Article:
Keyword: Animal Communication; Language
Link ID: 27785 - Posted: 04.24.2021

By Nikk Ogasa Honey bees can’t speak, of course, but scientists have found that the insects combine teamwork and odor chemicals to relay the queen’s location to the rest of the colony, revealing an extraordinary means of long distance, mass communication. The research is “really nice, and really careful,” says Gordon Berman, a biologist at Emory University who was not involved in the study. It shows once again, he says, that insects are capable of “exquisite and complex behaviors.” Honey bees communicate with chemicals called pheromones, which they sense through their antennae. Like a monarch pressing a button, the queen emits pheromones to summon worker bees to fulfill her needs. But her pheromones only travel so far. Busy worker bees, however, roam around, and they, too, can call to each other by releasing a pheromone called Nasanov, through a gesticulation known as “scenting; they raise their abdomens to expose their pheromone glands and fan their wings to direct the smelly chemicals backward (seen in the video above, and close-up in the video below). Scientists have long known individual bees scented, but just how these individual signals work together to gather tens of thousands of bees around a queen, such as when the colony leaves the hive to swarm, has remained a mystery. © 2021 American Association for the Advancement of Science.

Keyword: Animal Communication; Evolution
Link ID: 27767 - Posted: 04.10.2021

By Jake Buehler Watch a group of lions yawn, and it may seem like nothing more than big, lazy cats acting sleepy, but new research suggests that these yawns may be subtly communicating some important social cues. Yawning is not only contagious among lions, but it appears to help the predators synchronize their movements, researchers report March 16 in Animal Behaviour. The discovery was partially made by chance, says Elisabetta Palagi, an ethologist at the University of Pisa in Italy. While studying play behavior in spotted hyenas in South Africa, she and colleagues often had the opportunity to watch lions (Panthera leo) at the same time. And she quickly noticed that lions yawn quite frequently, concentrating these yawns in short time periods. Yawning is ubiquitous among vertebrates, possibly boosting blood flow to the skull, cooling the brain and aiding alertness, especially when transitioning in and out of rest (SN: 9/8/15). Fish and reptiles will yawn, but more social vertebrates such as birds and mammals appear to have co-opted the behavior for purposes conducive to group living. In many species — like humans, monkeys, and even parakeets (SN: 6/1/15) — yawners can infect onlookers with their “yawn contagion,” leading onlookers to yawn shortly afterwards. Seeing the lions yawn reminded Palagi of her own work on contagious yawning in primates. Curious if the lions’ prodigious yawning was socially linked, Palagi and her team started recording videos of the big cats, analyzing when they were yawning and any behaviors around those times. © Society for Science & the Public 2000–2021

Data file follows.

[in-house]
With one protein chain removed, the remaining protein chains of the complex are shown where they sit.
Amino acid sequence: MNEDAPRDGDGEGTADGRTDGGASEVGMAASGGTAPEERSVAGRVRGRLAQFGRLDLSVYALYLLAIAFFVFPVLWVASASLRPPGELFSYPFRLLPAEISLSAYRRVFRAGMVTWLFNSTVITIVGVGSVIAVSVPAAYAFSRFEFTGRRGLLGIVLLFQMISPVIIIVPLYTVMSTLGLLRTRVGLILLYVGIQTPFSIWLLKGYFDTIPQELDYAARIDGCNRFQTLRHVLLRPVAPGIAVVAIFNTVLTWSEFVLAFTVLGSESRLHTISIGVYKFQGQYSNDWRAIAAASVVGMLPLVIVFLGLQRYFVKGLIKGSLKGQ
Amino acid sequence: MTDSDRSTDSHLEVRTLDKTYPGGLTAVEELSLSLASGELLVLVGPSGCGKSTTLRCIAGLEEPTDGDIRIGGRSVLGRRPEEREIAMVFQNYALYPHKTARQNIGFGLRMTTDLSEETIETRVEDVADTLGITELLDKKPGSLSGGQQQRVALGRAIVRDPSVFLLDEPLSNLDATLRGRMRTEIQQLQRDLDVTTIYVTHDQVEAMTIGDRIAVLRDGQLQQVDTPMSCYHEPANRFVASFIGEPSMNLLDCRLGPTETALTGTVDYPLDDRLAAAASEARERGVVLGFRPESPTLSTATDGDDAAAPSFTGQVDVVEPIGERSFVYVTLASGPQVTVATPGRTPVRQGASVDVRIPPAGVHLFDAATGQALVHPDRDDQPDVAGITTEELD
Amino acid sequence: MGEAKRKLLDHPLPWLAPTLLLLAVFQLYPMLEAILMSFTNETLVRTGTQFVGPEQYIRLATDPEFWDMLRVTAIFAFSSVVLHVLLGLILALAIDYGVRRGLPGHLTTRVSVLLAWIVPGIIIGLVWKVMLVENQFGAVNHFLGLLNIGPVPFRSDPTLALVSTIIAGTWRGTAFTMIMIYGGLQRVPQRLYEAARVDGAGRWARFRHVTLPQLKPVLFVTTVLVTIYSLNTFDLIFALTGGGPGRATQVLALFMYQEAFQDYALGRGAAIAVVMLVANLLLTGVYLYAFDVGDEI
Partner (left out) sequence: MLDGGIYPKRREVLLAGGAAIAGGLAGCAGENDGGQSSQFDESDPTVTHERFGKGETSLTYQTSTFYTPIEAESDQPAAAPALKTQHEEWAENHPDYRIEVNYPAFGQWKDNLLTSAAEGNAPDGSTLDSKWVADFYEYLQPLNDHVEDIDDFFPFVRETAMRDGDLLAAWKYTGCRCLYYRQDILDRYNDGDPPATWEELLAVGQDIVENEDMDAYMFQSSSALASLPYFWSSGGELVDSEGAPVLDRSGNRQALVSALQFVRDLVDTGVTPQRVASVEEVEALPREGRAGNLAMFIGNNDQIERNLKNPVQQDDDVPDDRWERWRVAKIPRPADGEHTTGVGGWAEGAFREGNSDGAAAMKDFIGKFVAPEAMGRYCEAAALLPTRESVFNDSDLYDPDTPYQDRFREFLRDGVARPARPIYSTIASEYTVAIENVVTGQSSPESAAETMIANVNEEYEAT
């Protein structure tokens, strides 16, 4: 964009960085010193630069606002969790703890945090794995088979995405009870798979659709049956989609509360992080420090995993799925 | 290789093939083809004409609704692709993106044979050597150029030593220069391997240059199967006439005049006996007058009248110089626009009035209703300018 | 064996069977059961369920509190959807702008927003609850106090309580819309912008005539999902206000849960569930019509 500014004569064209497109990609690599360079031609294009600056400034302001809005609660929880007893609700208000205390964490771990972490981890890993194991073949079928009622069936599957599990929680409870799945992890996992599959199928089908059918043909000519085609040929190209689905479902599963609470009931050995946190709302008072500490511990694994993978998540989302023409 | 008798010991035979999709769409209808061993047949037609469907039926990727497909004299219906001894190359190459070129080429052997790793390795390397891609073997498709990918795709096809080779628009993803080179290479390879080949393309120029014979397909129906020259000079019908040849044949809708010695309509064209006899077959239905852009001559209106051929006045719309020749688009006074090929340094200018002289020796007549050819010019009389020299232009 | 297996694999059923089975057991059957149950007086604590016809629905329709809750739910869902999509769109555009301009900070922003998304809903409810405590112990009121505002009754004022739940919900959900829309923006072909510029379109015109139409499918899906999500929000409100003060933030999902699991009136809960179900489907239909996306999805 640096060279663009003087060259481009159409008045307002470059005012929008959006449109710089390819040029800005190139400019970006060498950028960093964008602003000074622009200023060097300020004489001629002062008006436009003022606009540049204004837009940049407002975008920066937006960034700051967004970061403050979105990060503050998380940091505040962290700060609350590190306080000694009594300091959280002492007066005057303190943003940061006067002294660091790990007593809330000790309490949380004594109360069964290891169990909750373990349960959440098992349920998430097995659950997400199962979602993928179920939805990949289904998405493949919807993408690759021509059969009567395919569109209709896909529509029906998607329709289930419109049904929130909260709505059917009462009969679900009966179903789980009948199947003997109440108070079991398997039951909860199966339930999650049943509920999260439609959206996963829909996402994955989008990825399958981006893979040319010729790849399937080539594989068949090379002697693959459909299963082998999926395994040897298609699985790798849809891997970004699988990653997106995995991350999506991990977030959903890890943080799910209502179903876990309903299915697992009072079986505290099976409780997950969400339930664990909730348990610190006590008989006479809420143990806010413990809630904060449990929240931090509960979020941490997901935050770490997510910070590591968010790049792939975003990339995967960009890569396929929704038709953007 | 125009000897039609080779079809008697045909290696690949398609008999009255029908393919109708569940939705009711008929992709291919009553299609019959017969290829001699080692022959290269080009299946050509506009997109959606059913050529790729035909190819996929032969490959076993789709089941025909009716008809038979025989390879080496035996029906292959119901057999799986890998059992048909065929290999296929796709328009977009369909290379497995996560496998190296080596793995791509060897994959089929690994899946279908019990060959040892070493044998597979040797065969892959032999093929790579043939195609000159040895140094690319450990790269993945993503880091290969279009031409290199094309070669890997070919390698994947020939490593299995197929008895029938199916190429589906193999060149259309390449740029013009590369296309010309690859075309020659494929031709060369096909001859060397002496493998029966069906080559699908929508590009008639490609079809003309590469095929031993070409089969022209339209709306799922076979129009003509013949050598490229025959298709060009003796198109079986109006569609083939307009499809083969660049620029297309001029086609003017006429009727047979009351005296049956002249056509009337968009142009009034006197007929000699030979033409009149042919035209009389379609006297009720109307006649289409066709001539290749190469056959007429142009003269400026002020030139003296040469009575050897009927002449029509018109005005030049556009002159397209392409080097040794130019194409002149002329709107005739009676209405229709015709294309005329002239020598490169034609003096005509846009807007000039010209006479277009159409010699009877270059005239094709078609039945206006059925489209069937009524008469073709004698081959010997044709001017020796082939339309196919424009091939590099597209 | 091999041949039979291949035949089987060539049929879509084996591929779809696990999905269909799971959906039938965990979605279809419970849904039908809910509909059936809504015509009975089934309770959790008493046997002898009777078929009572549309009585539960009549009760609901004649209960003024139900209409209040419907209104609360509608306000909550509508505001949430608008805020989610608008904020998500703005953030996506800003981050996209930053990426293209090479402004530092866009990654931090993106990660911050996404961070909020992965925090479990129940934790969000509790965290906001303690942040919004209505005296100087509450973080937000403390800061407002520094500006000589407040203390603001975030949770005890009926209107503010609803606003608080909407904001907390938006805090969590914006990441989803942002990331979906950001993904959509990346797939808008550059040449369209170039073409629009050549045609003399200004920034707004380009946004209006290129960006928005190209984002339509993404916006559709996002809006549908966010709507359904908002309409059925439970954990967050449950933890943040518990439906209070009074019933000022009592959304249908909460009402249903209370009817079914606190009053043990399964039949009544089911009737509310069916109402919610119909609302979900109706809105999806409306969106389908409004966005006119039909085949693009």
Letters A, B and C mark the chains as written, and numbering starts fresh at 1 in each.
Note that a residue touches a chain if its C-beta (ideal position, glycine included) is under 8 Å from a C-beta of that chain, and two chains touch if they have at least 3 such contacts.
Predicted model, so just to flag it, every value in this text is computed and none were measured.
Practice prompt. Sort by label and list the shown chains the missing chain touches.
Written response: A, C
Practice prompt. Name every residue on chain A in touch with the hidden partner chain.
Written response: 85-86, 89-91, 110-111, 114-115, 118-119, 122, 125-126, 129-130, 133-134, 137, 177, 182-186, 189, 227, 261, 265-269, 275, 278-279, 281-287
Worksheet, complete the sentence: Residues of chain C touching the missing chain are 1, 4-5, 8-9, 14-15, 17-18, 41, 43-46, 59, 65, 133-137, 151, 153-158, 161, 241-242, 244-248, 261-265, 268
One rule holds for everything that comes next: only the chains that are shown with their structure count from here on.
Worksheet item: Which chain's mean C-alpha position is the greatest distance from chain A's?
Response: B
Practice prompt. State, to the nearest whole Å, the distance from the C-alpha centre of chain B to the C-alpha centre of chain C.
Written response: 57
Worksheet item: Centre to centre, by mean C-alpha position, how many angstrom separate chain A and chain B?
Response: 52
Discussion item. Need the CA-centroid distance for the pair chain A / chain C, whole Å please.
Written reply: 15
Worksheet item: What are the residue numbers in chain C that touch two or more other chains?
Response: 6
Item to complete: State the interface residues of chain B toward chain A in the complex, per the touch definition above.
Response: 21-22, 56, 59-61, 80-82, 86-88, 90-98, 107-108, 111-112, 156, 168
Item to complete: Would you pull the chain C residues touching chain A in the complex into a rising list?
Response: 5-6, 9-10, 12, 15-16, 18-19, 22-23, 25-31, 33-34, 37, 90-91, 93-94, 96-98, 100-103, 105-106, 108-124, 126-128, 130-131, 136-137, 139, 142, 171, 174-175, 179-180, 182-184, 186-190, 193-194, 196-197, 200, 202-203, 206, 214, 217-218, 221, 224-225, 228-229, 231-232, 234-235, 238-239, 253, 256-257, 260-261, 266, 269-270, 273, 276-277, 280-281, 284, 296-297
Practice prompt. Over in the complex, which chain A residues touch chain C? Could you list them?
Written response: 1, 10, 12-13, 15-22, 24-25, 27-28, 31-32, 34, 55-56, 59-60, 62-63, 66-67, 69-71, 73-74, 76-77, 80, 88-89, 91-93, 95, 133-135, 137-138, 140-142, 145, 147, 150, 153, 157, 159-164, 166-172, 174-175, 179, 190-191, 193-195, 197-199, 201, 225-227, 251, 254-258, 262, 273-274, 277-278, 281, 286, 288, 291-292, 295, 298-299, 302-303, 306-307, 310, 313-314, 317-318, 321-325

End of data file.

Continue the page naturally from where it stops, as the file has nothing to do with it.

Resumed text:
Keyword: Animal Communication; Stress
Link ID: 27759 - Posted: 04.08.2021

By Jake Buehler A light crackling sound floats above a field in northern Switzerland in late summer. Its source is invisible, tucked inside a dead, dried plant stem: a dozen larval mason bees striking the inner walls of their herbaceous nest. While adult bees and wasps make plenty of buzzy noises, their young have generally been considered silent. But the babies of at least one bee species make themselves heard, playing percussion instruments growing out of their faces and rear ends, researchers report February 25 in the Journal of Hymenoptera Research. The larvae’s chorus of tapping and rasping may be a clever strategy to befuddle predatory wasps. Unlike honeybees, the mason bee (Hoplitis tridentata) lives a solitary life. Females chew into dead plant stems and lay their eggs inside, often in a single row of chambers lined up along its length. After hatching, the larvae feed on a provision of pollen left by the mom, spin a cocoon and overwinter as a pupa inside the stem. Andreas Müller, an entomologist at the nature conservation research agency Natur Umwelt Wissen GmbH in Zurich, has been studying bees in the Osmiini tribe, which includes mason bees and their close relatives, for about 20 years. Noticing that H. tridentata populations have been declining in northern Switzerland, he and colleague Martin Obrist tried to help the bees. “We offered the bees bundles of dry plant stems as nesting sites, and when we checked the bundles we heard the larval sounds for the first time,” says Müller. “This is a new phenomenon not only in the osmiine bees, but in bees in general.” He and Obrist, a biologist at the Swiss Federal Institute for Forest, Snow and Landscape Research in Birmensdorf, gathered stem nests from the field and subjected them to various types of physical disturbance, trying to determine what kinds of pestering triggers the bee larvae to drum. In some nests, the duo cut windows into the stems to observe larvae through the translucent cocoon walls, unveiling the secret of how the insects were creating the noises. © Society for Science & the Public 2000–2021.